One example (these aren’t guaranteed numbers) of a total DA40 XLT buy-in, including the FAA licensing fees and delivery charges, is a total investment of $416,650. With $100,000 down, the monthly payment on a 5.15-percent, 20-year note is around $2100. The idea is that two non-owner members, paying roughly $1000 per month each for access to the aircraft, will cover the monthly loan payment on the aircraft . Members have access to the aircraft for one year and are eligible for renewal, should the owner wish to do so. Members are generally required to have a private pilot license or higher. These prices do not include taxes, member fees and security deposits. With a third member, Armstrong says the owner can end up with a surplus, as that third member contribution covers most of the expenses.
Here's one example of a DiamondShare Share and Save Plan with three participating members.
The current DiamondShare promotion includes the first year of insurance and G1000 navigation data subscription costs. Additionally, there’s a $1000 training credit, redeemable at a DiamondShare partner flight center and a $3000 rebate for annual inspections and oil changes. This is in addition to the two-year factory warranty.
“The structure is not like a leaseback arrangement that is trying to make money, but instead a means to give an owner full control while dramatically changing their economic outcome,” Armstrong said.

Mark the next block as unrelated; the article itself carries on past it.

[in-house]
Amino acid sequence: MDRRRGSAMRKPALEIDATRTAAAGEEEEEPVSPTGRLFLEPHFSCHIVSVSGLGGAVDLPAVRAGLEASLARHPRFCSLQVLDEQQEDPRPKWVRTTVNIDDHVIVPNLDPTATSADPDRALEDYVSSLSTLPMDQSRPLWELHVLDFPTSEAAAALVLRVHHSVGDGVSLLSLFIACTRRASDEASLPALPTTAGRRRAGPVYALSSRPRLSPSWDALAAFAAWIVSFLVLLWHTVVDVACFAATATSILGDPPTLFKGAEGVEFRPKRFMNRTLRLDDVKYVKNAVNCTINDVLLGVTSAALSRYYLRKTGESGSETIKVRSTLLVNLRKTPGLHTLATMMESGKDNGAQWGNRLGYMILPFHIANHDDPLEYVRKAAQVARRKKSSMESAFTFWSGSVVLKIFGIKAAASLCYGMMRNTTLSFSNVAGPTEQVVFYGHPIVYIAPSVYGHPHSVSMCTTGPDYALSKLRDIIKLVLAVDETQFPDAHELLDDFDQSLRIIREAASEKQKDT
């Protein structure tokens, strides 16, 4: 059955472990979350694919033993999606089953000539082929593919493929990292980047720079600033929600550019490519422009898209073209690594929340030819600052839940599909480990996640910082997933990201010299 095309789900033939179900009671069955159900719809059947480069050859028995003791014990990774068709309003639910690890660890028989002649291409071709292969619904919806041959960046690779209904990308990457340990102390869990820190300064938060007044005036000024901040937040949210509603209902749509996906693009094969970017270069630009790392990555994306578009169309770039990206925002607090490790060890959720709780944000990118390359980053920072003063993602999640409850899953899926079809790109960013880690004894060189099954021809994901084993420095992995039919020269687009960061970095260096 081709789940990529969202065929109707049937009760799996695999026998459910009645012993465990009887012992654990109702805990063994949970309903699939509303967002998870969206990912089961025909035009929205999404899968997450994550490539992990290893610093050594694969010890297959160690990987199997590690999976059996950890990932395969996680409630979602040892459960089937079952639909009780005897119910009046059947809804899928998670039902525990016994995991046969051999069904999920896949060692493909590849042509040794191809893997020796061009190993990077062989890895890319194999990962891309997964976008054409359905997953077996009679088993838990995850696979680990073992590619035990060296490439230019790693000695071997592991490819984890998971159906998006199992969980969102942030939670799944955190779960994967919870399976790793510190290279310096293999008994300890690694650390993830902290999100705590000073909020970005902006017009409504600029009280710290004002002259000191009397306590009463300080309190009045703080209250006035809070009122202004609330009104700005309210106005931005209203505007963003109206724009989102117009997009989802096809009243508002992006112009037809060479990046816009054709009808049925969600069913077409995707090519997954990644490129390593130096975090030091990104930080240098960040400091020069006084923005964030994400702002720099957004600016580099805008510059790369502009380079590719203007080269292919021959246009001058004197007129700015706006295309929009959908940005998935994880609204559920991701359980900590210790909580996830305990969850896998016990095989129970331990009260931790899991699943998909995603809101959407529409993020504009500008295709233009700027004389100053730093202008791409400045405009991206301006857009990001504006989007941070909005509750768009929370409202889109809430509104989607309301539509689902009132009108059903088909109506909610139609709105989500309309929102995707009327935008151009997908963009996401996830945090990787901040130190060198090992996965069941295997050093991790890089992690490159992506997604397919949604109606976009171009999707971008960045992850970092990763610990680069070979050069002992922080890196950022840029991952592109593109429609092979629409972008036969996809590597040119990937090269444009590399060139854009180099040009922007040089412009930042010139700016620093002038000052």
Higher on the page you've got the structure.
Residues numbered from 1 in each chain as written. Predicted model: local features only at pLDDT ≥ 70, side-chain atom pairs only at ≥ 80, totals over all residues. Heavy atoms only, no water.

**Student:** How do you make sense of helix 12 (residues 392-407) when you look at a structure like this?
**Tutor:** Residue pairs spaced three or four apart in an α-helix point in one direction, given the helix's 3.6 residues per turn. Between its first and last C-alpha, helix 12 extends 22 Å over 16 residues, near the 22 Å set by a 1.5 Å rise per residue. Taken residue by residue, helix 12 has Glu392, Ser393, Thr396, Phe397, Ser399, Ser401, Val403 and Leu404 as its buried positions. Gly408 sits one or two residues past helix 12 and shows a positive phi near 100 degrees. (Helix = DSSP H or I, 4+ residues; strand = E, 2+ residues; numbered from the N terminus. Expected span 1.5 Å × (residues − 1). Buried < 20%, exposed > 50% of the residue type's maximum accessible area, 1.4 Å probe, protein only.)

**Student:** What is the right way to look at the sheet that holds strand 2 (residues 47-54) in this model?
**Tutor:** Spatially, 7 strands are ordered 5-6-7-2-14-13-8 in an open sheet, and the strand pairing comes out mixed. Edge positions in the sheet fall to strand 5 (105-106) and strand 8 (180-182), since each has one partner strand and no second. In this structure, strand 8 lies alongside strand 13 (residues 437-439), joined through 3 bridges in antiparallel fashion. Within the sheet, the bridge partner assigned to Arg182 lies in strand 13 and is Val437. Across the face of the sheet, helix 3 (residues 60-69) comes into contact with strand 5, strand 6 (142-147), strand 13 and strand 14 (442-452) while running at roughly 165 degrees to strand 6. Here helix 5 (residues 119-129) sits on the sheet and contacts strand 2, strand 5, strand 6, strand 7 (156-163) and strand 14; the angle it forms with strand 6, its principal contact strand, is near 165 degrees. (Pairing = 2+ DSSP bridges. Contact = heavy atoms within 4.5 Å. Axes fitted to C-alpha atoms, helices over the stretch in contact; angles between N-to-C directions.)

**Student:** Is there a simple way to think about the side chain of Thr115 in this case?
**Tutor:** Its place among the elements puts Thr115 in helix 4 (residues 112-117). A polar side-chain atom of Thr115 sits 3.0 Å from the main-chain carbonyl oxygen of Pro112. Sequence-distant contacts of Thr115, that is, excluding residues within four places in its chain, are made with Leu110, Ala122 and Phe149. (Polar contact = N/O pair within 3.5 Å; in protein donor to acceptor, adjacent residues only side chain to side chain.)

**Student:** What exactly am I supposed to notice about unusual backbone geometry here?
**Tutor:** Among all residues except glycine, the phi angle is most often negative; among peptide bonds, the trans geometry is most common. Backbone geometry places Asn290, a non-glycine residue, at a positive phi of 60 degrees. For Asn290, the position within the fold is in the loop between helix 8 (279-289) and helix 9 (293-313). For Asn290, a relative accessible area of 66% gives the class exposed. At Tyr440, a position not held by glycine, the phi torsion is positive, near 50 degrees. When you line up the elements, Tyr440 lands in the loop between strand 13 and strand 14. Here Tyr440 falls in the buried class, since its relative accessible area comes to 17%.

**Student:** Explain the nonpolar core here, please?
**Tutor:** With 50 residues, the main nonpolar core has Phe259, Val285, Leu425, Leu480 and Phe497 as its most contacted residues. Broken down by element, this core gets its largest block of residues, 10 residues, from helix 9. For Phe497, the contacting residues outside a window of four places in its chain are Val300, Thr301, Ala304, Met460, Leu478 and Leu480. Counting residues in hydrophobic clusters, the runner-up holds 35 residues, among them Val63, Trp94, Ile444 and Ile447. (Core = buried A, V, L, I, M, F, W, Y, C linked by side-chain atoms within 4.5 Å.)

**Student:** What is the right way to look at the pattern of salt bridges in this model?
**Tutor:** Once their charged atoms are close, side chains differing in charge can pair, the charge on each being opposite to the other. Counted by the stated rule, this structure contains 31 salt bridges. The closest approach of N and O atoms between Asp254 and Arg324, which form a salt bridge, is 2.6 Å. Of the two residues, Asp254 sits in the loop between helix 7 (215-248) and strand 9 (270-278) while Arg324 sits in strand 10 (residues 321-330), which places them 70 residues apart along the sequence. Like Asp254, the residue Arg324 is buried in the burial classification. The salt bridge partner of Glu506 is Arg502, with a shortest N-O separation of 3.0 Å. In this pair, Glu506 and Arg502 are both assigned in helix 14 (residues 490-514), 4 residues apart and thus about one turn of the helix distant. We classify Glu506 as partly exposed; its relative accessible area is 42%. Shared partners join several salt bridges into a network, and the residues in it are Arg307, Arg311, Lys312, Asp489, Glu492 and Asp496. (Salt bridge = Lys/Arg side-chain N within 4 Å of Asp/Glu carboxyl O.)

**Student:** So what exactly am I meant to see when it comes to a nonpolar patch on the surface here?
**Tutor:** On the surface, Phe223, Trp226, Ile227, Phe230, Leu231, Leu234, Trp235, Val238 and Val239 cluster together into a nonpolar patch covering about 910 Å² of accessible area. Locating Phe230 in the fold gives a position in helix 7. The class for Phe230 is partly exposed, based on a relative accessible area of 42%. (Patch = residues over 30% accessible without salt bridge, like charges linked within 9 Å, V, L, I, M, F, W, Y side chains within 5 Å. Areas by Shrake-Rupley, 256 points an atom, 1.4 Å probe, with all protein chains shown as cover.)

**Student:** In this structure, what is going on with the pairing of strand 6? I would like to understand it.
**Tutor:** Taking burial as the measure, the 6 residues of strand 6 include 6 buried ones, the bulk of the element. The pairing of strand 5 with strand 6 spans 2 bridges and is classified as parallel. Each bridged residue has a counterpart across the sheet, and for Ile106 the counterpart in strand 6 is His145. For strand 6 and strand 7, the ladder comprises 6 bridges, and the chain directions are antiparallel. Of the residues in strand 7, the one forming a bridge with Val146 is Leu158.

Armstrong makes it clear that DiamondShare ownership is applicable to many pilot types and situations, and can be particularly attractive for business owners that are early-stage pilots trying to find a justifiable way to get into modern aviation. As they ponder using an airplane for their business (50 percent utilization is required to qualify for the tax deduction, under the current tax structure) and for learning to fly or for earning an instrument rating, the concept could be compelling.
"When properly structured, the member usage can be considered business hours. This can lead to positive tax implifications for the owner," Armstrong noted.
Another point that Armstrong made clear is that DiamondShare is a non-commercial, Part 91 fixed cost-sharing structure that’s limited to a maximum participation of the owner plus three members. It’s up to the owner to decide how many members they want using the airplane and the owner always makes all the decisions related to aircraft operation, including scheduling, maintenance, storage and usage rules. There are no hourly rates involved.
Speaking of hourly rates, Armstrong argues that the industry places too much emphasis on hourly costs. Instead, he thinks in terms of monthly and yearly costs. It’s the amount of time you fly that determines the hourly rate, he notes.
“When pilots learn to fly, they see the cost of flying as the hourly rate that’s posted on the flight school wall. When you want to get out of the rental game and start using an aircraft for travel, it’s a different mindset that makes the hourly rate useless,” he said.
We challenged the DiamondShare concept by looking at some rough numbers for a traditional partnership. Those numbers are pretty simple, too.